St. Petersburg, Russia


Wow, where to begin? Well first of all, I’m in Russia. St. Petersburg, to be exact. I arrived yesterday, after flying from Burlington to New York (where I spent my 7 hour layover visiting some friends in the city), then from New York to Paris (no, I didn’t get to see the city, but my luggage spent an extra night there) and finally, Paris to St. Petersburg. Somehow I managed to get a first class ticket, thanks to a very helpful Delta agent, so my flight over was actually very enjoyable. I had my own 12 inch TV screen to watch movies and shows on. I had lots of storage space to stow my bags, leg room galore, my own coat hangar, an overnight kit with a toothbrush, eye cover, comb, and socks. On my seat were a nice thick blanket and soft pillow and complimentary champagne was served upon takeoff. How can I go back to economy class now (which, on this aircraft, was on the lower deck. It was a double-decker plane!)? And the best part was, my seat reclined to a completely vertical position! I could even roll over onto my side! And surprisingly, the food was great!

But reality hit when I stepped off the plane in St. Petersburg. I had to fill out 6, yes 6, forms in order to locate my lost luggage and arrange for the airport to drop it off at my hotel. Then, after clearing customs, which was amazingly quick and easy despite the nightmare I went through to get my visa, I changed some money into Russian rubles, grabbed a taxi, and I was on my way. When I left the airport and caught my first glimpse of Russia from the ground, I felt sort of giddy. I have traveled much of Southeast Asia and Central America and some of Africa, but I haven’t had much experience with Europe. It felt so different!

It was about an hour ride to the center of St. Petersburg where my hotel was, so I sat back, enjoyed the view, and shared sunflower seeds with my taxi driver, who spoke no English. As we got closer, though, I began to see why everyone says St. Petersburg (formerly known as Leningrad) is so beautiful. It is, in a very European sense. The architecture is very colonial and the buildings a lined up in a razor straight line along the streets. Each block is a different, but uniformed, style in a rather paradoxical sense. I couldn’t read anything, since it was all in Russian, but cafes and restaurants lined the streets and boats chugged up and down the narrow river that runs through the center of the city. It took me awhile to realize what was missing. Then I realized, there are no trees! At least along the streets and sidewalks. But there are large areas designated as parks and beautiful gardens and these are interspersed frequently throughout the city. The city is still enchanting, though, despite its lack of roadside greenery. All the buildings are painted bright colors (to stave away depression during the 250 days of cloud cover) and it is so immaculate (both in – relative – cleanliness and in city planning) that I didn’t notice at first that everything was concrete. It just looks right!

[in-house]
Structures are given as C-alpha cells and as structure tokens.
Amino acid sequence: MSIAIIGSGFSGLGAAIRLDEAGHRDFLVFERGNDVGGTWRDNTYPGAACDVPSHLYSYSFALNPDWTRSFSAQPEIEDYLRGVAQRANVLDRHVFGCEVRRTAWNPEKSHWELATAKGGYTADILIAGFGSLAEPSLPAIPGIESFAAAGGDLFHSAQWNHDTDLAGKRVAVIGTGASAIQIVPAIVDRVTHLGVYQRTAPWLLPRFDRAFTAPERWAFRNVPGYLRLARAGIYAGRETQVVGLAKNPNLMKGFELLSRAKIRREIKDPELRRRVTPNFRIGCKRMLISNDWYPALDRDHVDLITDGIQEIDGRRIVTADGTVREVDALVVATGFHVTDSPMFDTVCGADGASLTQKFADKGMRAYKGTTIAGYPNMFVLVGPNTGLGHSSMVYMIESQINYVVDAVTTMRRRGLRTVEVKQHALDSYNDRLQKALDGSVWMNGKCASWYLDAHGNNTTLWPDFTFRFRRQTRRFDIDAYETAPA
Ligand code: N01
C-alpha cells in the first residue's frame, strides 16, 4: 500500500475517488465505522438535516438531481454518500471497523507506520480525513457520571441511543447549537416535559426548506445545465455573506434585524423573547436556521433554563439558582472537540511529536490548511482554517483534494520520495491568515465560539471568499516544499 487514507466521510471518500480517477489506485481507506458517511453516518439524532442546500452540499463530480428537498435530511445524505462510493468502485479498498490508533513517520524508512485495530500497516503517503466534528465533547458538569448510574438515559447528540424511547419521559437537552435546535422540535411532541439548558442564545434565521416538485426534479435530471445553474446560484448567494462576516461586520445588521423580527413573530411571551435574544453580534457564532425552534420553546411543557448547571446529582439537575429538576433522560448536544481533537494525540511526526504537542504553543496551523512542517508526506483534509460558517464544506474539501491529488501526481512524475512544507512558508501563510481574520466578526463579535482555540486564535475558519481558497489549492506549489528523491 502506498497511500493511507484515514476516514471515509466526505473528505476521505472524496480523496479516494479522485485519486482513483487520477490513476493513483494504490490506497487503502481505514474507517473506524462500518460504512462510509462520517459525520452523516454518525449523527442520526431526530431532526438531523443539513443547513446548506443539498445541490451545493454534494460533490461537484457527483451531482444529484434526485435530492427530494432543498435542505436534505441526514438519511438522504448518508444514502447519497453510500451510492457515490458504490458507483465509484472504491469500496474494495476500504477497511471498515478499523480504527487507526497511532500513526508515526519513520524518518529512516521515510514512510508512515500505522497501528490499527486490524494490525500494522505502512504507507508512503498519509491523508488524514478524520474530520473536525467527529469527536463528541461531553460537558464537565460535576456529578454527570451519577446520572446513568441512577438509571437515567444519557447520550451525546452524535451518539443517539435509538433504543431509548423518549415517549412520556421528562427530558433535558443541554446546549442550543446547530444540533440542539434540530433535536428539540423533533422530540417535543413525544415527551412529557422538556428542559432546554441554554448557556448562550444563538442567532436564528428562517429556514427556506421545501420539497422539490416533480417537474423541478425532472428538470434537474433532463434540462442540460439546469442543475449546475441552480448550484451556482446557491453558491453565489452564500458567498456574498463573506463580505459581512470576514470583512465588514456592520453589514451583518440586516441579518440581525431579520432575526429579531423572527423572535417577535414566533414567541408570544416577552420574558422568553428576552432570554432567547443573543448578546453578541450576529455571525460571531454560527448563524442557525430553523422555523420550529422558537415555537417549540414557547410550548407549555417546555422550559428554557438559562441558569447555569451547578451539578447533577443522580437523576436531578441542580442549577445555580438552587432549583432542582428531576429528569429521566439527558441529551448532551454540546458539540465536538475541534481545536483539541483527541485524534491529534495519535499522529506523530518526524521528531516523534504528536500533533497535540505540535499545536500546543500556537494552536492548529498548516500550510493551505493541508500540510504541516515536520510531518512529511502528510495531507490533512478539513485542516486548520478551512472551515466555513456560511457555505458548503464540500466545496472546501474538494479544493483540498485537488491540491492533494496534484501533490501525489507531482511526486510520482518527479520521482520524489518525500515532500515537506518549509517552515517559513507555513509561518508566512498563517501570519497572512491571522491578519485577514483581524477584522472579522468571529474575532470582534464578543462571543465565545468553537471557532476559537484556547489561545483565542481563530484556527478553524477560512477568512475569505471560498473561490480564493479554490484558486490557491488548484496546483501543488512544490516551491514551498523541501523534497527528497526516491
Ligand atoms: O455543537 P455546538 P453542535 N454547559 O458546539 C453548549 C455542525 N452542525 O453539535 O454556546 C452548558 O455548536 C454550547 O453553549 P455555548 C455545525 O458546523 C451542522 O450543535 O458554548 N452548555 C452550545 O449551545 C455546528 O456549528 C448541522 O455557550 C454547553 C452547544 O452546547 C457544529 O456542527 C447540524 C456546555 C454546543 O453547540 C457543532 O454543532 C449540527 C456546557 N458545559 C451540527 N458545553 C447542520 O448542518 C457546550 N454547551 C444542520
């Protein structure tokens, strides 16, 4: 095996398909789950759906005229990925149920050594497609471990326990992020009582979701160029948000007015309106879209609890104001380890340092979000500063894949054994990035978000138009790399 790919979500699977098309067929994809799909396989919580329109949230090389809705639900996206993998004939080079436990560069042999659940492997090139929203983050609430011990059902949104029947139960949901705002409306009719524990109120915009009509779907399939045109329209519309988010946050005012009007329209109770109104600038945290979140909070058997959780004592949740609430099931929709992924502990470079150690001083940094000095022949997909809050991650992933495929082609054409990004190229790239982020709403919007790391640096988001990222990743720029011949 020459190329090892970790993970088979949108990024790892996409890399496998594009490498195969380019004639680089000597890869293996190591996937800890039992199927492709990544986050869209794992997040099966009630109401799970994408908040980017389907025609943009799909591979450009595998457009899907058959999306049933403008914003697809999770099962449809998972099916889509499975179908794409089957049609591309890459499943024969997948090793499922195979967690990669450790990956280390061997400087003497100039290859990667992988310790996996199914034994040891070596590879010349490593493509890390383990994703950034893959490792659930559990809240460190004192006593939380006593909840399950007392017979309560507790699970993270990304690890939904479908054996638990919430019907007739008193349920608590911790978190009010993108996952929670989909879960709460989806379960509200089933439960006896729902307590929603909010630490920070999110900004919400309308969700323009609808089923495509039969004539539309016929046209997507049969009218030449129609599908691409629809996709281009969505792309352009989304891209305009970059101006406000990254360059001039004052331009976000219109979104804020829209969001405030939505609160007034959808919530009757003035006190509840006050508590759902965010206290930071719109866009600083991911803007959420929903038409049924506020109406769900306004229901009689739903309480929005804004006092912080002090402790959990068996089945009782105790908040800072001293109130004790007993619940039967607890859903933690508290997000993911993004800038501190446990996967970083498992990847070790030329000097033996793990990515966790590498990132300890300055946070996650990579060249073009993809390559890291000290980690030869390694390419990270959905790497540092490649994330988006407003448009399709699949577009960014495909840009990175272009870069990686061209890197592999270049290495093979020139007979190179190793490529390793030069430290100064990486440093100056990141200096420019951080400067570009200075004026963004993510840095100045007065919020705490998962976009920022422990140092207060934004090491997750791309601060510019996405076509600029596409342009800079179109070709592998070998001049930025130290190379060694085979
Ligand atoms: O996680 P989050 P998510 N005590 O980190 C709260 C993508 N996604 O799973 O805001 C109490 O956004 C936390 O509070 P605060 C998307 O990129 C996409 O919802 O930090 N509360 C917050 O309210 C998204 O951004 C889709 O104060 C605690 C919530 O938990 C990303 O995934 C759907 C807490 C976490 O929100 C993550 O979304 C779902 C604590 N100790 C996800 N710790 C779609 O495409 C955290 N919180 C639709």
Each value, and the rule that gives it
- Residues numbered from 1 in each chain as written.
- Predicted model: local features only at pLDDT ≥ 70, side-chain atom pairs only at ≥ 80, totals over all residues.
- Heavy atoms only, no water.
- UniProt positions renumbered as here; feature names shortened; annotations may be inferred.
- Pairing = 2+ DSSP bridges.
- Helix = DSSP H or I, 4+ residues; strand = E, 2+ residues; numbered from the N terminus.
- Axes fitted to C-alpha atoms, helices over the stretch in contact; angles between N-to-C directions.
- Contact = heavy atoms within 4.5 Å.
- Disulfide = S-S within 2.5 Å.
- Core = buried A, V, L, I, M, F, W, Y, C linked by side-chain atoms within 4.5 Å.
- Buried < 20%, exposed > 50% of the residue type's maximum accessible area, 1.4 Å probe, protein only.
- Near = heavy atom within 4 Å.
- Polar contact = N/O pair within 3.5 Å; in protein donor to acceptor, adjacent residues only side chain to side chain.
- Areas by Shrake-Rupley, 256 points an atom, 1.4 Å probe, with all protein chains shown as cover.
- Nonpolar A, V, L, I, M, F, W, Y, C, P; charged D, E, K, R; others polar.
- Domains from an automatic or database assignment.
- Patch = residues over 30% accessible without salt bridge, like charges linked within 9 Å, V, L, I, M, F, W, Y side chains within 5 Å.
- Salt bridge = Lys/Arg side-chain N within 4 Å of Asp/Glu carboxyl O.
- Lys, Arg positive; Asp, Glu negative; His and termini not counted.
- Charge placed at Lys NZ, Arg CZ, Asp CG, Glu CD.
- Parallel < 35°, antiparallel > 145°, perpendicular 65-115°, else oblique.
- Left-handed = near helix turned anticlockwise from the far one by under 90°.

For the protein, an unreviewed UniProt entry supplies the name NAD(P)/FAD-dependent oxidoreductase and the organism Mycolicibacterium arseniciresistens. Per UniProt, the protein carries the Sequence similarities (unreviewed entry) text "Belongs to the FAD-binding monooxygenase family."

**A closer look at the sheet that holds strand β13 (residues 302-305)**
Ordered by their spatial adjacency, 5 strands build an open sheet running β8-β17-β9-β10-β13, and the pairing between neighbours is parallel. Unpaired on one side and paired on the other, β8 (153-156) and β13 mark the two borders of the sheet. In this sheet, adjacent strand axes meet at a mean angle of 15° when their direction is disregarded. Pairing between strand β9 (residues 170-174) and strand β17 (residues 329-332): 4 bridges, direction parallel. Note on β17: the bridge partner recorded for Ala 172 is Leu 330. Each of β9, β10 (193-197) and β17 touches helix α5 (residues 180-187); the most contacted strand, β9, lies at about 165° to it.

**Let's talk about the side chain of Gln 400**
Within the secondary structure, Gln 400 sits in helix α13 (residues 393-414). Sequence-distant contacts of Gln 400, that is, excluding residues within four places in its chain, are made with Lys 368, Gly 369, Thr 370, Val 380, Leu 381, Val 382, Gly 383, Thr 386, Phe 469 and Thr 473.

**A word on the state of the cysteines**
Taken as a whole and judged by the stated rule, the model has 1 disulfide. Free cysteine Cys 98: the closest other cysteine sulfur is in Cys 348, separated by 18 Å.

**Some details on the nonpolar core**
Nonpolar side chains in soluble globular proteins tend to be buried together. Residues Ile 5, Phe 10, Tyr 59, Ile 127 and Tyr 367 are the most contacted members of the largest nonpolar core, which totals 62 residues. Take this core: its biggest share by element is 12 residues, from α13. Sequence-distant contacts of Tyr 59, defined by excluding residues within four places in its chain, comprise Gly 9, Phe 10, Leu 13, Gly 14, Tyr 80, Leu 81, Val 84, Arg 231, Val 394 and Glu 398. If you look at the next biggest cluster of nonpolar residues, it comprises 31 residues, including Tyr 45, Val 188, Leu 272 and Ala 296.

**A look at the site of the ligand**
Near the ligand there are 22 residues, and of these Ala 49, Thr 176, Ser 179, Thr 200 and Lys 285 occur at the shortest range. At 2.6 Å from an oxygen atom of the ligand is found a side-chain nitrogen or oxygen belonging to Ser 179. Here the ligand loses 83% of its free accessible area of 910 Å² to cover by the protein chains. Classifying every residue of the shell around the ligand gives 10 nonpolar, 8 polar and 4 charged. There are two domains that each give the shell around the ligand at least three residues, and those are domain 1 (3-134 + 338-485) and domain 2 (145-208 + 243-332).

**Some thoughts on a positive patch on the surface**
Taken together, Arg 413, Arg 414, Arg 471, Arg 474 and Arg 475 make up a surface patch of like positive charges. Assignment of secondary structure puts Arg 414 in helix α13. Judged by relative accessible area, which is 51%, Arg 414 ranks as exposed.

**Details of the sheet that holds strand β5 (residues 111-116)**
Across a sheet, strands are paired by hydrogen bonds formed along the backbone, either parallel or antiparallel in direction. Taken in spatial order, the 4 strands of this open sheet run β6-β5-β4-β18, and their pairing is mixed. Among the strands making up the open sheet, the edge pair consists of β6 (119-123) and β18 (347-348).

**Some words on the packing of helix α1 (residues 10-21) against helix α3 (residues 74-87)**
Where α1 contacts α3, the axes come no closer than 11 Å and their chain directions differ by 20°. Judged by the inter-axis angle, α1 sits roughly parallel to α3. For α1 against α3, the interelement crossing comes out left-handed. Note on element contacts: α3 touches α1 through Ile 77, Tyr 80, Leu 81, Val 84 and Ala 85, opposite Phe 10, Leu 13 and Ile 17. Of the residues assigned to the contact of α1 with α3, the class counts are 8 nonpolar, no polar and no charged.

As we turned a corner and into the semi-circle entryway of The Grand Hotel Europe, I knew I wasn’t staying in an average hotel. In fact, The Grand Hotel Europe is the finest in the city, the choice for celebrities and VIPs around the globe. Somehow I’m not surprised that it’s also the choice for Lindblad’s St. Petersburg sojourn.

I checked into my room in the very fancy lobby and went one flight up to room 244. The room itself is nice, of course, but the beds are spectacular. I wanted to lie down and submerge myself in the pillows and down blanket, but I was too eager to explore
the rest of the hotel and the surrounding vicinity. I also wanted to change my clothes, but since that wasn’t an option, I called housekeeping for a toothbrush and toothpaste and brushed my teeth instead.

The Grand Hotel Europe is enormous, with 5 (or more) restaurants, a chocolate shop and numerous boutiques. I wandered around for a bit, admiring the paintings and feeling slightly underdressed, then headed outside to explore the streets. I’m forever grateful that I got my dad’s sense of direction because the Russian maps made no sense to me. I couldn’t even pronounce the street names. I wandered through a small park with a statue (maybe Lenin?) then followed a winding street toward the golden onion domes that I spied over the top of a nearby building. The rest of the structure came into view shortly and I stood in awe over its splendor and grandiose. It was some sort of church, but every surface was covered in colorful paintings and detailed artwork. The architecture was amazing, with towers ending in gilded onion domes and intricately carved stonework on every window, door, overhang, and corner. After taking about 100 photos, I moved on to an adjoining park and meandered along the gravel pathways toward the river.

By that time, it was getting late, so I retraced my steps and headed back to the hotel, but not before stopping in at a (Russian) bookstore.

Dinner that night was in the banquet hall, where I met some of the other Lindblad travelers (some I knew!) and explained 20 times that yes, I work for Lindblad, but no I’m not working this trip! Then it was bedtime where I finally got to enjoy the ultra-comfortable bed and down blanket.

We have two more full days in St. Petersburg and I can’t wait to see what else it has to offer! Then it’s on to the ship for 10 more days and 7 additional Baltic countries.

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